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More recently, when the City of Jacksonville announced it was pausing its curbside recycling pickup because of labor shortages, we created a carousel explaining when things were stopping and where people could go to drop off their recycling. We launched the Instagram carousel before our story was even live, creating buzz and anticipation for more details.
The newsroom also hosted six virtual events in the last year, connecting residents with experts. We engaged with about 500 people on a variety of topics. For instance, when we learned that young people in the community were concerned about the COVID-19 vaccine, we held a virtual event — open to the public — that connected young people to local doctors and health officials to help address their concerns. We later hosted another COVID-19 event, as well as events about food deserts, women leaders sharing advice with young women, mental health and the Affordable Care Act.
Q: What worked?
A: Overhauling our Instagram posts so they could stand on their own, with or without clicking a related story link, is something we found advantageous. We’re aiming to give readers “news they can use” in a digestible 120×120 pixel graphic or carousel. The engagement and even subscriptions have followed along the way, including a more than 300% increase in accounts reached and content interactions in the last 11 months on Instagram.
We know we are reaching a younger audience with this initiative, because on Instagram, 29% of our audience reach is in the age range of 25 to 34 years old in the last 30 days.
Q: What didn’t work?
A: We originally set out to grow our followers by an astronomical number, hoping for a surge from 17,000 to 50,000. That didn’t happen and honestly, it was sort of a blessing in disguise.
Instead of a lot of likes on a post with no comments, we now regularly see a moderate number of likes and full-fledged discussions happening in the comments section. Readers are politically engaged, asking questions and expressing how they feel about topics ranging from the city pausing curbside recycling to the removal of Confederate monuments around town.
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Q: What happened that you didn’t expect?
A: Instead, while we didn’t get a massive jump in followers, we did actually see a giant surge in engagement based on content interactions — likes, comments and shares. Our content interactions increased by more than 200% in six months and now 300% in under a year. And you know, the followers also increased along the way, by nearly 2,000. Even more important, people started actively tagging the Times-Union when there was an event or situation going on they wanted reporters to know about. Real people — not PR agencies. That was new.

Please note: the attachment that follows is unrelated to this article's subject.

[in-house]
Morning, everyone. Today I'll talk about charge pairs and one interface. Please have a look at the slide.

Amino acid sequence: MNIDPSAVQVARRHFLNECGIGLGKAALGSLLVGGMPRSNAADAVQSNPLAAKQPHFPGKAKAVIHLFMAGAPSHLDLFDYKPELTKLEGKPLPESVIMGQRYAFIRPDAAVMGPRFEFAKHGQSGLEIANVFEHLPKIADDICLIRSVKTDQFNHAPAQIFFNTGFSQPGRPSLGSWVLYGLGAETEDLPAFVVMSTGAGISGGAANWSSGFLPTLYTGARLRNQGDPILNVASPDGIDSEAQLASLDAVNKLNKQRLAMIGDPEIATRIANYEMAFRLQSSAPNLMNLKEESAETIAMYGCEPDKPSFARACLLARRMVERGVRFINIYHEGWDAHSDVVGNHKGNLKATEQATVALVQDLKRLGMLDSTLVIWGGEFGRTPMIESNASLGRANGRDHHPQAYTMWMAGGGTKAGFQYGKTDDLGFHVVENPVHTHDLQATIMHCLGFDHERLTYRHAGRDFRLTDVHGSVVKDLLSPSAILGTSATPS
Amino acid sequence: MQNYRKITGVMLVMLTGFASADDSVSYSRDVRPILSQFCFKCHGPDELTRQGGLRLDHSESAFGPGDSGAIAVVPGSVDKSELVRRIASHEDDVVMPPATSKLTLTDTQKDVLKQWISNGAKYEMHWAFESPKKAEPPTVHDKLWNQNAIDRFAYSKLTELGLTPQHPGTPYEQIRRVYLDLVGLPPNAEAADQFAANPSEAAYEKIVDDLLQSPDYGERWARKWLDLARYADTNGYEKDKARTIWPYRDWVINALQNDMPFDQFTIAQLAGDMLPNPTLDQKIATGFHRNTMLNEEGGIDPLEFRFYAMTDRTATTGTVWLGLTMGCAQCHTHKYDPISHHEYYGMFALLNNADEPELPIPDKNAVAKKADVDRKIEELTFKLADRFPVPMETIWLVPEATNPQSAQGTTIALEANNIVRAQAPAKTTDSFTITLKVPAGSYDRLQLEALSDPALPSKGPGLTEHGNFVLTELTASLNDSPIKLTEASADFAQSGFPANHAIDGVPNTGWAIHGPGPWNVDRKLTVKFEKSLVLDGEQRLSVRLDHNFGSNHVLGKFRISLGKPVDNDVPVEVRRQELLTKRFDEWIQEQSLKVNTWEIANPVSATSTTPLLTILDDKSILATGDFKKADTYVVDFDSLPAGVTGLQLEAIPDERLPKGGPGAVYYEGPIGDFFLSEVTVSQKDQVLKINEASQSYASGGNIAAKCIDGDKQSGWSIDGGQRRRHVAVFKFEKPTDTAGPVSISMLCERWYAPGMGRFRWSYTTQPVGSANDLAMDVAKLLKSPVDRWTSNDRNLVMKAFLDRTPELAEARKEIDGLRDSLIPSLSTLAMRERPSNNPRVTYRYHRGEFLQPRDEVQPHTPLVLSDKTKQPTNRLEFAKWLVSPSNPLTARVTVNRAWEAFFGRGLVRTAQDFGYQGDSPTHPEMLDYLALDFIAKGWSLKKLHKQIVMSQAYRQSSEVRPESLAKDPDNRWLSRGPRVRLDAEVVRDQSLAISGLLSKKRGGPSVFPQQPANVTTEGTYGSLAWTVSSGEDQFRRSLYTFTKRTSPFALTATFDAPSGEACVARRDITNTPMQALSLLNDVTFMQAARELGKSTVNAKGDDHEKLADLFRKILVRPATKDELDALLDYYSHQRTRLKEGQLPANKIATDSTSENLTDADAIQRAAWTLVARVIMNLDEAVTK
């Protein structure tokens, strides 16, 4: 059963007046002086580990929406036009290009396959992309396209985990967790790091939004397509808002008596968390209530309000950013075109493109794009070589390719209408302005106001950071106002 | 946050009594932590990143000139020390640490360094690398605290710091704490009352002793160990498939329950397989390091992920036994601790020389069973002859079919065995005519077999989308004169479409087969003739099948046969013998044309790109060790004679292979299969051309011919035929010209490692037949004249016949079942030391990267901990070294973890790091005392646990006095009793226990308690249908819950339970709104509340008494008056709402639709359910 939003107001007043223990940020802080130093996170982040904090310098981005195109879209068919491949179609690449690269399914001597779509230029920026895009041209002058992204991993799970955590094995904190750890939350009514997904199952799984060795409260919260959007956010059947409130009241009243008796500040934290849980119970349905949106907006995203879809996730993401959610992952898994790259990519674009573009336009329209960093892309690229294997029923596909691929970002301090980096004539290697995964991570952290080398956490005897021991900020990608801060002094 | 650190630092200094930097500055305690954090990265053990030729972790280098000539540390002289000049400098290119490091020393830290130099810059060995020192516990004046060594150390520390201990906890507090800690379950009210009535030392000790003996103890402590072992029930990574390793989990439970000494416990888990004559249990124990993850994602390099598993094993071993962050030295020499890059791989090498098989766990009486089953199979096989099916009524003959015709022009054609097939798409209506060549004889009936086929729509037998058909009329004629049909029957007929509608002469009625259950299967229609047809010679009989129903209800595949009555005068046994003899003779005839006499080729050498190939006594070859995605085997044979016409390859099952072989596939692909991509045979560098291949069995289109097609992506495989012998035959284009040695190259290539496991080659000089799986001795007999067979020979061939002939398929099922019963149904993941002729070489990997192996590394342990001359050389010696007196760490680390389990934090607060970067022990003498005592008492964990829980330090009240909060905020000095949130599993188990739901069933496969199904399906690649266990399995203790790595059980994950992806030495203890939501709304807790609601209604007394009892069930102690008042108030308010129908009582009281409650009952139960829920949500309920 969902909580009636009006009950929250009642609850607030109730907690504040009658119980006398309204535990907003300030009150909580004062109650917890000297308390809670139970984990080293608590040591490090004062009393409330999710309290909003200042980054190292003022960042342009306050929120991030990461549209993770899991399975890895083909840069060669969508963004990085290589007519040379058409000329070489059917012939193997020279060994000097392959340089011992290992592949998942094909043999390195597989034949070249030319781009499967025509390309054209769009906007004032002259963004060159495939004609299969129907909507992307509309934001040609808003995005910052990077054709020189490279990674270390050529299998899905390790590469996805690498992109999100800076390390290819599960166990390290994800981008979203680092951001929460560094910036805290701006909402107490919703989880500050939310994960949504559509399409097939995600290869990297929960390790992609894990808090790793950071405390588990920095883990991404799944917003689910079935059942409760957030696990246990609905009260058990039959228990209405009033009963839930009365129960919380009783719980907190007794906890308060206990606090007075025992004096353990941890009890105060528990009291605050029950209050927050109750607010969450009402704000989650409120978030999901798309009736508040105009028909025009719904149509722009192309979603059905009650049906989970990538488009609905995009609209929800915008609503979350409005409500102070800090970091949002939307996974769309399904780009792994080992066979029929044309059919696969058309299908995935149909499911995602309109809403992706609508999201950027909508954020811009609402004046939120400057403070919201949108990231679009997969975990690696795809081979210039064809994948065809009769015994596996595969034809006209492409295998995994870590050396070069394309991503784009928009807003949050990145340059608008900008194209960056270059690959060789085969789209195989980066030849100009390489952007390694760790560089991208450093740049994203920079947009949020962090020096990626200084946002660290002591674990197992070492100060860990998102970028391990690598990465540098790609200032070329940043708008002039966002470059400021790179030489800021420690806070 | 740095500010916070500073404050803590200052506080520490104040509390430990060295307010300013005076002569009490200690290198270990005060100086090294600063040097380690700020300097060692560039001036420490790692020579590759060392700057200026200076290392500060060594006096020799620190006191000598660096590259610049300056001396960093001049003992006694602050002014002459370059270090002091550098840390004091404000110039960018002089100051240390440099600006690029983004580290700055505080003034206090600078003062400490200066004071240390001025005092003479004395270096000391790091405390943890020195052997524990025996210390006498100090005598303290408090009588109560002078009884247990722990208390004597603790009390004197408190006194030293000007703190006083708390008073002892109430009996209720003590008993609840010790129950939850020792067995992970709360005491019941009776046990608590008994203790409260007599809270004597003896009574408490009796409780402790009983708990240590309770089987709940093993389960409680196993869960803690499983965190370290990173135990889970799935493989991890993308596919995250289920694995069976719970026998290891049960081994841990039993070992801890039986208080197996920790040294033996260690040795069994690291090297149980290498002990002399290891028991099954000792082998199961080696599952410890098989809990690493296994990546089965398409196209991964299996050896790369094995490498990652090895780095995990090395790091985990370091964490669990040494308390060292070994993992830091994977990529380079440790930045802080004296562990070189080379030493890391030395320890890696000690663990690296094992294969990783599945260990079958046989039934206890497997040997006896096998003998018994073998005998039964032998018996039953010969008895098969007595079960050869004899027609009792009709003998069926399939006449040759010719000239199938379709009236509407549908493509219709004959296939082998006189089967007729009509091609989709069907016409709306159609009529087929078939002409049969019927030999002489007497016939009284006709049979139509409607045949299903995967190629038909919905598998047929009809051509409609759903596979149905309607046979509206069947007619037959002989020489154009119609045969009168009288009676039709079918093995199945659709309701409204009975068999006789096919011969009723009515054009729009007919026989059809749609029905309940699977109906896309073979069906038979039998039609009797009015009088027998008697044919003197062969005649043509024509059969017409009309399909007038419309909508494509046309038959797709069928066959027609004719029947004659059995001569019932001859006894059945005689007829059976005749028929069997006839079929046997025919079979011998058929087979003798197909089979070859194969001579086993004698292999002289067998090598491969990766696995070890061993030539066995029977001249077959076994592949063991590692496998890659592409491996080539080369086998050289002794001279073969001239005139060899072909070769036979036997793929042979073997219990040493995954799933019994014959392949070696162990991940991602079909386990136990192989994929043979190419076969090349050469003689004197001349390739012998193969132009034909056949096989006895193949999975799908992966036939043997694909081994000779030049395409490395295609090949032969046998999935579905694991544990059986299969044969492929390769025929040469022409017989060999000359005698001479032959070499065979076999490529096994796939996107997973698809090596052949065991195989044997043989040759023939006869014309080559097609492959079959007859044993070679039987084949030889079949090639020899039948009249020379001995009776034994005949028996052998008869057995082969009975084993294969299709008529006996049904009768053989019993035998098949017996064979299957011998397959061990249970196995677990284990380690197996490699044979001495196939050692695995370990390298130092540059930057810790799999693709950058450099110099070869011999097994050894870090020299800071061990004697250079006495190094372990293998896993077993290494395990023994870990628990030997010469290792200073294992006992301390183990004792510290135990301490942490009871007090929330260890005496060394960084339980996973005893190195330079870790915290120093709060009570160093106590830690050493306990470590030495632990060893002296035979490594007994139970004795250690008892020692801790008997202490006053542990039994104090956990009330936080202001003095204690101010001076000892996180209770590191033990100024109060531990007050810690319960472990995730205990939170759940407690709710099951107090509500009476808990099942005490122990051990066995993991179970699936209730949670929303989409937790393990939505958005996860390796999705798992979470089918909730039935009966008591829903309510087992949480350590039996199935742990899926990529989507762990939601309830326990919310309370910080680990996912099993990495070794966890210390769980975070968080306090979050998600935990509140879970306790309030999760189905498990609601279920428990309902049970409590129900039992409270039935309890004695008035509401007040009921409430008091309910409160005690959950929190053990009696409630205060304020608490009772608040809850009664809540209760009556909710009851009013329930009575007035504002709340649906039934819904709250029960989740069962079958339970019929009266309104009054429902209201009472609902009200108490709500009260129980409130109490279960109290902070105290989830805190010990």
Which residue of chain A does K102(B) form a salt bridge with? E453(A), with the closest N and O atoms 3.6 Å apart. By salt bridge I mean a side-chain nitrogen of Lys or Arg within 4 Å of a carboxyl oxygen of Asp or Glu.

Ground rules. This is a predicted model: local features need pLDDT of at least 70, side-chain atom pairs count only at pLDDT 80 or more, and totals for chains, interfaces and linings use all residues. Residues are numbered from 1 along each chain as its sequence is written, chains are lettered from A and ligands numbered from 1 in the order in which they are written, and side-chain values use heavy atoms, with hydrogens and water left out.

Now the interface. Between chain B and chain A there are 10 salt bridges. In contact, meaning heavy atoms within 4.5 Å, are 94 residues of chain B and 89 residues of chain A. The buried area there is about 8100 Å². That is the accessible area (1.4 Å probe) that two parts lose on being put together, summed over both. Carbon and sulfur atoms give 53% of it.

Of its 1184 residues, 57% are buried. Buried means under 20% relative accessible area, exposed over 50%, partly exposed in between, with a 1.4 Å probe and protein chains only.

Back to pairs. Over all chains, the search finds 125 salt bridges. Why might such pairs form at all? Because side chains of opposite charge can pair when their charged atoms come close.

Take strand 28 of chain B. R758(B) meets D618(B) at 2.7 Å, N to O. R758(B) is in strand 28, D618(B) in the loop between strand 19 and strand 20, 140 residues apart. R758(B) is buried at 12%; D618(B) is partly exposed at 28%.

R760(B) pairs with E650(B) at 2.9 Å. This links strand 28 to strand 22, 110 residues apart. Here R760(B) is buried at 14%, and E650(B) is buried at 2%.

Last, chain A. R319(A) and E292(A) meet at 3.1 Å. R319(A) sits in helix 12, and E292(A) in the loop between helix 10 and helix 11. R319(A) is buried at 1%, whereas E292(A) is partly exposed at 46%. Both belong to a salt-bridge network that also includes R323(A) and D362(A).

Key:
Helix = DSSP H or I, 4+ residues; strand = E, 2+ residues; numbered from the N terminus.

Our Instagram increased its monthly average of accounts reached to 40,500 and increased its monthly average content interactions to 4,900. It also gained nearly 1,000 new followers by the end of the Table Stakes program.
Q: What would you do differently now? What did you learn?
A: We learned that wins on Instagram and social media look like a lot more than just follower counts. Our content interactions, the number of comments on posts, impressions, etc. have all soared since rethinking our strategy. (We tracked followers, accounts reached and content interactions in a Google Sheet, along with top performing posts and Instagram stories each month.)
Q: What advice would you give to others who try to do this?
A: Try different things. Instagram is a place for creators. Our most creative out-of-the-box posts are often the most successful.
Q: Is there anything else you’d like to add?
A: For newsrooms to succeed, leaders need to invest time, money and resources in social media. We’ve done all this in-house, which is amazing and I think goes to show the need for reporters to think about digital strategy. But juggling duties as a reporter too, I can’t manage our digital presence as much as I’d like to. For real growth, companies need to invest in people. There also needs to be an understanding that metrics won’t be static. They’re going to ebb and flow. But in the end, trying new things and breaking out from the norm will be rewarding.